Carol singers went door to door all season long, providing entertainment in return for money and food. Wassailing (originally a January activity involving drink, song, and apple trees) and carol singing became merged in many places. Instead of the wassailers bringing with them a bowl filled with hot spiced ale, roasted apples, toast, nutmeg, and sugar, to drink at each stop, the householders began supplying the bowl--- and partaking. 
Mummers plays and morris dancing also allowed poorer members of the community to entertain the rich in return for money.
On St Thomas Day, 21st December, elderly women could appeal for food or money, a practice known as thomasing. The Napoleonic Wars produced a number of widows without sons to support them, so the Regency saw an increase in thomasing.
And, of course, Boxing Day---the Feast of St Stephen referred to in the carol Good King Wenceslas---was traditionally a day for rich people to give gifts to poor people. Many local landowners held St Stephen's Day as an open day, when local people could come and feast with their squire or lord. 
Christmas meant gift giving, but not on Christmas Day
Today, the practice of giving gifts on Christmas Day is so ingrained that we often see it in novels set in the Regency. And it may have happened in some households, but most mentions of gifts in contemporary sources mention 6th December and the Feast of the Epiphany.
St Nicholas Day was 6th December, and people marked the day by exchanging small gifts to remember the saint who gave presents of gold to girls without a dowry.
The Feast of the Epiphany was the day that commemorated the visit of the Wise Men to Jesus, and probably the most common day for gift giving, since the Wise Men gave gifts.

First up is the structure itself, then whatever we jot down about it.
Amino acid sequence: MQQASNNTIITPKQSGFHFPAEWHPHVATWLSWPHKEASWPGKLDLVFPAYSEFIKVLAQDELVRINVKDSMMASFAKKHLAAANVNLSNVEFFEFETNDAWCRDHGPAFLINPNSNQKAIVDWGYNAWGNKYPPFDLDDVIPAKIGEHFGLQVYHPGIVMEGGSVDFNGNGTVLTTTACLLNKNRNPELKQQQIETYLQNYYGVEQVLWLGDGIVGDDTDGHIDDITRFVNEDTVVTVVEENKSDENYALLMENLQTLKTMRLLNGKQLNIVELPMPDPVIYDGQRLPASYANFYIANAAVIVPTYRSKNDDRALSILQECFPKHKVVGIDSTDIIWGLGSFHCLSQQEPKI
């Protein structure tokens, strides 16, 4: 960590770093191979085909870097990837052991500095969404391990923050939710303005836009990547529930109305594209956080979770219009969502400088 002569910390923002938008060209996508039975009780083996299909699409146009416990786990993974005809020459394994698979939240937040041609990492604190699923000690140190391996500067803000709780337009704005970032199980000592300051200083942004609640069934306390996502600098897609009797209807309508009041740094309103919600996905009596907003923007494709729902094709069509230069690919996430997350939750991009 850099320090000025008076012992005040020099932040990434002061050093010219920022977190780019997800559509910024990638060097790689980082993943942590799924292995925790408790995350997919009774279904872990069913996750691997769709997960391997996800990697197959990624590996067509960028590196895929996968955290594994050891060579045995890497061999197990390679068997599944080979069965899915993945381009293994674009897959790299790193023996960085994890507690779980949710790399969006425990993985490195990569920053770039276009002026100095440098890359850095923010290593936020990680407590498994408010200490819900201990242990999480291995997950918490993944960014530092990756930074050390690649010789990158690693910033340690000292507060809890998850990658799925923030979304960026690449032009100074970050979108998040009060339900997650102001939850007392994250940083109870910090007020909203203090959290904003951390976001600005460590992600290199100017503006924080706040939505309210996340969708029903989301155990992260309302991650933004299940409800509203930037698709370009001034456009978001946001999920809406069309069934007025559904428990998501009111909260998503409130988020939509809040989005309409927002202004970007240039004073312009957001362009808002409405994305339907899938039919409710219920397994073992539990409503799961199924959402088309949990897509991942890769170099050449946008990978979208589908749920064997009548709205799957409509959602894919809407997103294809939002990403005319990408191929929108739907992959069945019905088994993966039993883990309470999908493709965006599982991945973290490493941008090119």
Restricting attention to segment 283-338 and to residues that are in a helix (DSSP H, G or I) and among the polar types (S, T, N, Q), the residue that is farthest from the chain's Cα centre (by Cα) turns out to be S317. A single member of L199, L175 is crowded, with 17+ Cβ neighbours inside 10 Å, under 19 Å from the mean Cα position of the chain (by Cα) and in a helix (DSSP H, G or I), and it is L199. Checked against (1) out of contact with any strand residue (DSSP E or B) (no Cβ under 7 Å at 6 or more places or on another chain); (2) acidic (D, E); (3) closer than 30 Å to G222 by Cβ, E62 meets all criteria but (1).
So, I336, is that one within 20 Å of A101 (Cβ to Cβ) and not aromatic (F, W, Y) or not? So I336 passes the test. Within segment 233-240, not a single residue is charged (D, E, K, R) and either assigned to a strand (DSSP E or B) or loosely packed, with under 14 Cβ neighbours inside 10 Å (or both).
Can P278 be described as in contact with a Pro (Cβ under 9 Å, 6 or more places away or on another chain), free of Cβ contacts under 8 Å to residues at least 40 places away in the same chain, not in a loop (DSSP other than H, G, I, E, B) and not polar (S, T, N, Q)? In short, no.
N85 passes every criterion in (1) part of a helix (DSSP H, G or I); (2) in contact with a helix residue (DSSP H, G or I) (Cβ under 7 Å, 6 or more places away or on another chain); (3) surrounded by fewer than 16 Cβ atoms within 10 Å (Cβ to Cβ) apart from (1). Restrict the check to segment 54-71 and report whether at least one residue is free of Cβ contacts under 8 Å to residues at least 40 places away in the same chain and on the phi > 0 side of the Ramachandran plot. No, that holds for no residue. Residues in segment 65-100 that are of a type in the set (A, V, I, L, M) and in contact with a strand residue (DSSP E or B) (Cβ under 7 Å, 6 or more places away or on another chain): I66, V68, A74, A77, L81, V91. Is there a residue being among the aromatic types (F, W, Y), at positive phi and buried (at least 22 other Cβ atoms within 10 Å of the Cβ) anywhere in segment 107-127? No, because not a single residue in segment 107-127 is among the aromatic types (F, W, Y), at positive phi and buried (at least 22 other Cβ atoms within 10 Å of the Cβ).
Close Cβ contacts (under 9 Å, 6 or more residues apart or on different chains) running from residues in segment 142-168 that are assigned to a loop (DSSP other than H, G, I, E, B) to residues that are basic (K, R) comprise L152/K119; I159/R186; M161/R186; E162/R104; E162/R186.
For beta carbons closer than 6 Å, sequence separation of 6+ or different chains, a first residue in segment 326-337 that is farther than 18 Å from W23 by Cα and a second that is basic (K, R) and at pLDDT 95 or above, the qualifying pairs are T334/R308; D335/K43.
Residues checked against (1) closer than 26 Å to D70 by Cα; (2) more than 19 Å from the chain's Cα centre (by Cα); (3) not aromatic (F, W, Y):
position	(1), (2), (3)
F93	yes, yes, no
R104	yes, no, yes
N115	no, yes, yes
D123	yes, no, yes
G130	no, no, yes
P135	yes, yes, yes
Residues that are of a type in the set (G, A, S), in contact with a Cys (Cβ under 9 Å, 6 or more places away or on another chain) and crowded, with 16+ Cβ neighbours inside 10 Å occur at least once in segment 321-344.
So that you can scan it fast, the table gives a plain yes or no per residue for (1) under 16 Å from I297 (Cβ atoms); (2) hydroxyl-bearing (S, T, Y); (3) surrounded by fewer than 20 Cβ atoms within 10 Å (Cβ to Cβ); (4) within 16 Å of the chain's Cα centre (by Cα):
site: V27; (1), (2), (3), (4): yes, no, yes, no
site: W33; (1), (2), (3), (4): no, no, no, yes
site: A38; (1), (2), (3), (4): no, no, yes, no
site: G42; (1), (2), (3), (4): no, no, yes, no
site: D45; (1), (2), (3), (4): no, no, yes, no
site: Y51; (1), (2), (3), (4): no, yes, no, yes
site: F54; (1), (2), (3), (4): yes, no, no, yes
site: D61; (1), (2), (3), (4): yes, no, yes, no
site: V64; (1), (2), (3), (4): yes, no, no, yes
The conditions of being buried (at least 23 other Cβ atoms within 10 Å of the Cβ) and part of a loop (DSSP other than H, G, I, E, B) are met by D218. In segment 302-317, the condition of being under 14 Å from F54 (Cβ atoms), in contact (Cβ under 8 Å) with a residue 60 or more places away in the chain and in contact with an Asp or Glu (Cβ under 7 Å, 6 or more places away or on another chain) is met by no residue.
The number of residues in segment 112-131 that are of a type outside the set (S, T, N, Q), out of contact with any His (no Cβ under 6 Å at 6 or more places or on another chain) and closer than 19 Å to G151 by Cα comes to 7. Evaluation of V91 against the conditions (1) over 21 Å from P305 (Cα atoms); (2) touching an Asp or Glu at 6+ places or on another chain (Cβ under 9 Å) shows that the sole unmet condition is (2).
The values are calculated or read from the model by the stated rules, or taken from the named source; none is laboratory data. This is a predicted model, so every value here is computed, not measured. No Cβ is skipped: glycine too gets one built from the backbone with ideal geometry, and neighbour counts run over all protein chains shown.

Christmas decorations went up on Christmas Eve
People considered it unlucky to decorate for Christmas before Christmas Eve, or to leave the decorations up after 6th January.
So Christmas Eve would have been a busy day for those who decorated their houses. They would put up evergreen boughs, holly, ivy, hawthorn, rosemary, and hellebore. Some of this went into kissing boughs, with sprigs of mistletoe, paper flowers, bows of ribbon, and paper cutouts.
By tradition, any man could claim a kiss from an unmarried woman under a kissing bough, and for each kiss claimed, a berry would be picked. When all the mistletoe berries were gone, the bough would come down. In some places, tradition held that a girl who was unkissed when the bough came down would not marry in the coming year.

If mistletoe didn't grow in your part of Britain, you might ask friends or family to send you some on the mail coach.
Christmas was also the time for cutting and hauling the Yule log, bringing it into the house and lighting it from the last bit of the log used the previous year. It would need to be big enough to last at least until the end of Christmas Day, and households would compete to find and mark the biggest log all ready for collecting on Christmas Eve. 
Table setting
Christmas had its own special food and drink